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Objective: To compare the characteristics of patients with cerebrovascular disease in primary care with those of the participants in the PROGRESS trial, on which national guidelines for blood pressure lowering are based. Design: Population based cross sectional survey of patients with confirmed stroke or transient ischaemic attack. Setting: Seven general practices in south Birmingham, England. Participants: All patients with a validated history of stroke (n = 413) or transient ischaemic attack (n = 107). Main outcome measures: Patient characteristics: age, sex, time since last cerebrovascular event, blood pressure, and whether receiving antihypertensive treatment. Results: Patients were 12 years older than the participants in PROGRESS and twice as likely to be women. The median time that had elapsed since their cerebrovascular event was two and a half years, compared with eight months in PROGRESS. The systolic blood pressure of 315 (61%) patients was over 140 mm Hg, and for 399 (77%) it was over 130 mm Hg. One hundred and forty seven (28%) patients were receiving a thiazide diuretic, and 136 (26%) were receiving an angiotensin converting enzyme inhibitor. Conclusions: Important differences exist between the PROGRESS trial participants and a typical primary care stroke population, which undermine the applicability of the trial's findings. Research in appropriate populations is urgently needed before the international guidelines are implemented in primary care.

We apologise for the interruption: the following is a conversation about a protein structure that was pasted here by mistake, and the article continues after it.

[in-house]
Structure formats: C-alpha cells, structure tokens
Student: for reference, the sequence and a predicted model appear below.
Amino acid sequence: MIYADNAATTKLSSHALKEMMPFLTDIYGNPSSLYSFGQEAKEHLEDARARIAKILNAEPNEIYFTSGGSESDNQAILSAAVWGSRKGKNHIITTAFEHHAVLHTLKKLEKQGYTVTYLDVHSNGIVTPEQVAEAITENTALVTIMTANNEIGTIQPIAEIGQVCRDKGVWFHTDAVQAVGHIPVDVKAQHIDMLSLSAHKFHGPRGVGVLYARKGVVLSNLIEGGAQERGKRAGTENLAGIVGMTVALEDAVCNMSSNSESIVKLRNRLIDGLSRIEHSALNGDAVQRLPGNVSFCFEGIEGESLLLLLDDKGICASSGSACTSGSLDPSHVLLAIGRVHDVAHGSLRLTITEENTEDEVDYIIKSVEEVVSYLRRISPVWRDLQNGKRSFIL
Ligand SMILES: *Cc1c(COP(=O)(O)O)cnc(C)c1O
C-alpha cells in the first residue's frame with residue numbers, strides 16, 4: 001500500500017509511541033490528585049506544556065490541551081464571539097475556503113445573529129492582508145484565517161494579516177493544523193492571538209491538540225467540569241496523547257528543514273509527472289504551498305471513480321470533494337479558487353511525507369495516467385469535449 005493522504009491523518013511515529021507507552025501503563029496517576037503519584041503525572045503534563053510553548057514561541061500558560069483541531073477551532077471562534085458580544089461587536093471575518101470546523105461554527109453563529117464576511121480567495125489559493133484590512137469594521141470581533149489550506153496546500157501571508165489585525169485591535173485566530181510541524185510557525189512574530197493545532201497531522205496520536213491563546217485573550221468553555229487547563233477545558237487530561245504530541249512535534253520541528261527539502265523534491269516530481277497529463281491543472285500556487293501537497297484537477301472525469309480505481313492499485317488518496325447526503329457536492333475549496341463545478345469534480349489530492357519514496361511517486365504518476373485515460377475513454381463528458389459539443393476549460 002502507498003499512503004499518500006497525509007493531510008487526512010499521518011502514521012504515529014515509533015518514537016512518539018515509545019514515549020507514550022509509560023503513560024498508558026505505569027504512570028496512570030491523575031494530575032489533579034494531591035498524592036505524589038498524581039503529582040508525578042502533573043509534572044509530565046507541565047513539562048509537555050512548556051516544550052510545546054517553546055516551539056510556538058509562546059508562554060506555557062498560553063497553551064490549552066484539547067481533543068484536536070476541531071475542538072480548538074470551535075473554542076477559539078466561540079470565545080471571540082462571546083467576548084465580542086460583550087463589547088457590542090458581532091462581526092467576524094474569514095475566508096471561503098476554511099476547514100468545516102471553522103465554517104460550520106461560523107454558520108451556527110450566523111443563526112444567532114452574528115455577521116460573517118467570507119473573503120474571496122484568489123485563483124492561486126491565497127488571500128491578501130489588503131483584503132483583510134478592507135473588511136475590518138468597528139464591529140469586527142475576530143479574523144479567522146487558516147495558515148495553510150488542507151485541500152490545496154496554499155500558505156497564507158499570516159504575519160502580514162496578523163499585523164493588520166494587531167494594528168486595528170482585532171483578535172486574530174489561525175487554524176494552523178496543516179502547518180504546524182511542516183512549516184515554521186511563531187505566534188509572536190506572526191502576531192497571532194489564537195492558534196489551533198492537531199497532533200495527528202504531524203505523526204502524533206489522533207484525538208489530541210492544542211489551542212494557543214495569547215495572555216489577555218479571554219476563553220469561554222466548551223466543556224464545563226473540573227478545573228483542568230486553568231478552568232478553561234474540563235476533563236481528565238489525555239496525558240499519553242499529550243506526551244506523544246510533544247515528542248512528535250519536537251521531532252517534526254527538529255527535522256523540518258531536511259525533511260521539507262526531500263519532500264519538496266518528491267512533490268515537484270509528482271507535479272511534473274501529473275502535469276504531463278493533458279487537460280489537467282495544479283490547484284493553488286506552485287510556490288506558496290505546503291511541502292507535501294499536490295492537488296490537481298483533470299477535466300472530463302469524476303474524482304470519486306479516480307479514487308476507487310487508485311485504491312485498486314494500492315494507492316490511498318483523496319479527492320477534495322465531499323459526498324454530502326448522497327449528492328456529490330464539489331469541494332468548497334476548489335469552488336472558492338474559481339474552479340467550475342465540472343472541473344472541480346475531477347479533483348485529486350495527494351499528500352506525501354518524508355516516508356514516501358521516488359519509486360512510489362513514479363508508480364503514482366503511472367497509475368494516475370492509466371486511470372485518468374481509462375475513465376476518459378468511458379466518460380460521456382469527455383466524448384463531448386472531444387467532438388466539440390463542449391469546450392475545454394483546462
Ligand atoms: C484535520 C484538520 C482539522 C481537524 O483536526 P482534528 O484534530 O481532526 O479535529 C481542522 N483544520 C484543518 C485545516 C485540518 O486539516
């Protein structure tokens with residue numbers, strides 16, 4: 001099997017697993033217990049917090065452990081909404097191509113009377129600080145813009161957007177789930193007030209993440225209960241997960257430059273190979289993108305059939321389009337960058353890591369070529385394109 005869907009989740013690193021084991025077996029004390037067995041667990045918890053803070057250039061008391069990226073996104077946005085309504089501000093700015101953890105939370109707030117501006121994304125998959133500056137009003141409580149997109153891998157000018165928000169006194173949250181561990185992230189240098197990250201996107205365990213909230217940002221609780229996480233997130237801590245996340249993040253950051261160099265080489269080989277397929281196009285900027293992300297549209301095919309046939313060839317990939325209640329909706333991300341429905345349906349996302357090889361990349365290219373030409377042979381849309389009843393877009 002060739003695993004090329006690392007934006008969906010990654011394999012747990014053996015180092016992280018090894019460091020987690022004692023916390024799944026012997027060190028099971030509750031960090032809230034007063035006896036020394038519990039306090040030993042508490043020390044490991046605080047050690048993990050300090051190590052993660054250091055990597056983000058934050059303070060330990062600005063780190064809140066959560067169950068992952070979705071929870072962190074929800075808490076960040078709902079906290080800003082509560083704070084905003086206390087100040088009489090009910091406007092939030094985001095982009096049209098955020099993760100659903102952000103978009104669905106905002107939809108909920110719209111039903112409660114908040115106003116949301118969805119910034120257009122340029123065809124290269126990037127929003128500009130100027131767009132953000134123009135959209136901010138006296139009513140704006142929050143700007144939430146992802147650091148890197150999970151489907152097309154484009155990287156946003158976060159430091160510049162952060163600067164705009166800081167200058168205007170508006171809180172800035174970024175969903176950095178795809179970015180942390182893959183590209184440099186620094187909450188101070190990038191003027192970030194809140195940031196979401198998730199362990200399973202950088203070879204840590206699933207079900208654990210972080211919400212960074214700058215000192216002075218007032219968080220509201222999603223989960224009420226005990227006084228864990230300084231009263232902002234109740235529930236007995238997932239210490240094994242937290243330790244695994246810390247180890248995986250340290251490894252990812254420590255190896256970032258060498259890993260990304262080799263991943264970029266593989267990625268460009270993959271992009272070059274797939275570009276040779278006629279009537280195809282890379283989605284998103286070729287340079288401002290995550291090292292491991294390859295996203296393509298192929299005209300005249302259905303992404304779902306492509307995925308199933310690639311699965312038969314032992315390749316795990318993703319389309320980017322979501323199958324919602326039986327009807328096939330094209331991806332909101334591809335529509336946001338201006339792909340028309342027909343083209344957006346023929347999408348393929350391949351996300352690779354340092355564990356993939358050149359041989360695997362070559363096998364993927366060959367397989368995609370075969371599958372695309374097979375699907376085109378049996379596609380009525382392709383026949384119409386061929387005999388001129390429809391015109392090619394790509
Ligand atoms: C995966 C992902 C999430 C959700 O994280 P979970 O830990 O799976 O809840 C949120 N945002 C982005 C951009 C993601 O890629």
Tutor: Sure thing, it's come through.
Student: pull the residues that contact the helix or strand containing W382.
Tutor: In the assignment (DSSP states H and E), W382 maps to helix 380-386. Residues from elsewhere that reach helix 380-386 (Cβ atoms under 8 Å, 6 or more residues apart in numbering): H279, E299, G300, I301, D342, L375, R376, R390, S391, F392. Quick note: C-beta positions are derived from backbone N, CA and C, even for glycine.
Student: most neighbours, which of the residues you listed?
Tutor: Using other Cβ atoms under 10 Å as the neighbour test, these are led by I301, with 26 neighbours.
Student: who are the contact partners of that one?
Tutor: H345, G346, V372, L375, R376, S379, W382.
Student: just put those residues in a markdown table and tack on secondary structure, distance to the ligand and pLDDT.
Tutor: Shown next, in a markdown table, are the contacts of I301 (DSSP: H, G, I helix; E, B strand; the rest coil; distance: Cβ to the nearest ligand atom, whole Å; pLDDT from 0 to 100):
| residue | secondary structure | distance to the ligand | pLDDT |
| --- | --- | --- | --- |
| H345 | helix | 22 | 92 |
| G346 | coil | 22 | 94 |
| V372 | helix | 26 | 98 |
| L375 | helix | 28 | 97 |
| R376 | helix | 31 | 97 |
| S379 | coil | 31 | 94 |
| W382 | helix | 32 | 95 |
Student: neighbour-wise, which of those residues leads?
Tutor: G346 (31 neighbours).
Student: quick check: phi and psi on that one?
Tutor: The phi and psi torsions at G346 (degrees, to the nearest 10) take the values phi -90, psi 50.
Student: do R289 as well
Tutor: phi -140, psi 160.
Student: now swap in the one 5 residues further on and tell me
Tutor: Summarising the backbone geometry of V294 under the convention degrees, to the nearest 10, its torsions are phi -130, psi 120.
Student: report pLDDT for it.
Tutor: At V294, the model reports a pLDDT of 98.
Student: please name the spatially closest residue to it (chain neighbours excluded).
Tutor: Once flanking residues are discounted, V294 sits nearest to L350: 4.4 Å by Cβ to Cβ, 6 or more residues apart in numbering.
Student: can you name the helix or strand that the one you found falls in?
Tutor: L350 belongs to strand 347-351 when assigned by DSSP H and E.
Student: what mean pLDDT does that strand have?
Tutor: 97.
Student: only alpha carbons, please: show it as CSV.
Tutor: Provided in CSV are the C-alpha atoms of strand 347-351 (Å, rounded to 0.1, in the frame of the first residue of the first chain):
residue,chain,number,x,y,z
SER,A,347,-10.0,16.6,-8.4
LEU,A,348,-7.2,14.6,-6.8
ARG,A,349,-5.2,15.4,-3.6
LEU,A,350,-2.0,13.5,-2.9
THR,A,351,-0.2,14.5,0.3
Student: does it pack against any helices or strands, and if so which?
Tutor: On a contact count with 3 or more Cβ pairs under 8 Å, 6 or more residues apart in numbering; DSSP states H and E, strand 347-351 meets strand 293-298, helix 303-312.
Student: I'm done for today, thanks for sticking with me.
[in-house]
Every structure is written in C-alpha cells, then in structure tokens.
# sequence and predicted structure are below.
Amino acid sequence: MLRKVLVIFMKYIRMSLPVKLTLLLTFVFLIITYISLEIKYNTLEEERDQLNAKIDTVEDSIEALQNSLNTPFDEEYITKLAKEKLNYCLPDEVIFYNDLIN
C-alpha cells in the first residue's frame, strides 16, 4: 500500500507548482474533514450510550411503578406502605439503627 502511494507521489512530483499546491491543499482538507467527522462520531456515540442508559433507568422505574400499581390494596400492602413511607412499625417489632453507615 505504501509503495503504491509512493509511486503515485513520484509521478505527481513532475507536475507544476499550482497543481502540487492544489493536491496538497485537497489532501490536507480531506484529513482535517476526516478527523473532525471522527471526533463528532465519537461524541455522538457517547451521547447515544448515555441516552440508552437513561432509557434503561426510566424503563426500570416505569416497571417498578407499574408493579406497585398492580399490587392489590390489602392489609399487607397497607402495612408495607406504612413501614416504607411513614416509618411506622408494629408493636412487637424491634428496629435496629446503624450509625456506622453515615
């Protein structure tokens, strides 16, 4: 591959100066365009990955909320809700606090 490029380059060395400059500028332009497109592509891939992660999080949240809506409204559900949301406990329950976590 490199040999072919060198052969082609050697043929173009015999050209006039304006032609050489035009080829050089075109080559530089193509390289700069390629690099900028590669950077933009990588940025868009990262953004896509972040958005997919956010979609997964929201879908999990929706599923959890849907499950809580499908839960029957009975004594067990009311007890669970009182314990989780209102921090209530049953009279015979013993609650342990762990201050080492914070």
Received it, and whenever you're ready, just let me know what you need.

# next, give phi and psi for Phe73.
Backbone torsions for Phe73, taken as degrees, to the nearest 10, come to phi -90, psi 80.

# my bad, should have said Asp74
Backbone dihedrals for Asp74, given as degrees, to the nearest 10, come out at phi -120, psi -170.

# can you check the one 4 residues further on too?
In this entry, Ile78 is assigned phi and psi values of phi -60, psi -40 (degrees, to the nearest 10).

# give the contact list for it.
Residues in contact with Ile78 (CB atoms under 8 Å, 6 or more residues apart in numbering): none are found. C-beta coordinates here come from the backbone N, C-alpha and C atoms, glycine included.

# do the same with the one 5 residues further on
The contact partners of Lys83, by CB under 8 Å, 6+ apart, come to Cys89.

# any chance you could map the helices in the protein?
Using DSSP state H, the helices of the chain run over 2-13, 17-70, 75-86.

Original publication




Journal article


British Medical Journal

Publication Date





635 - 637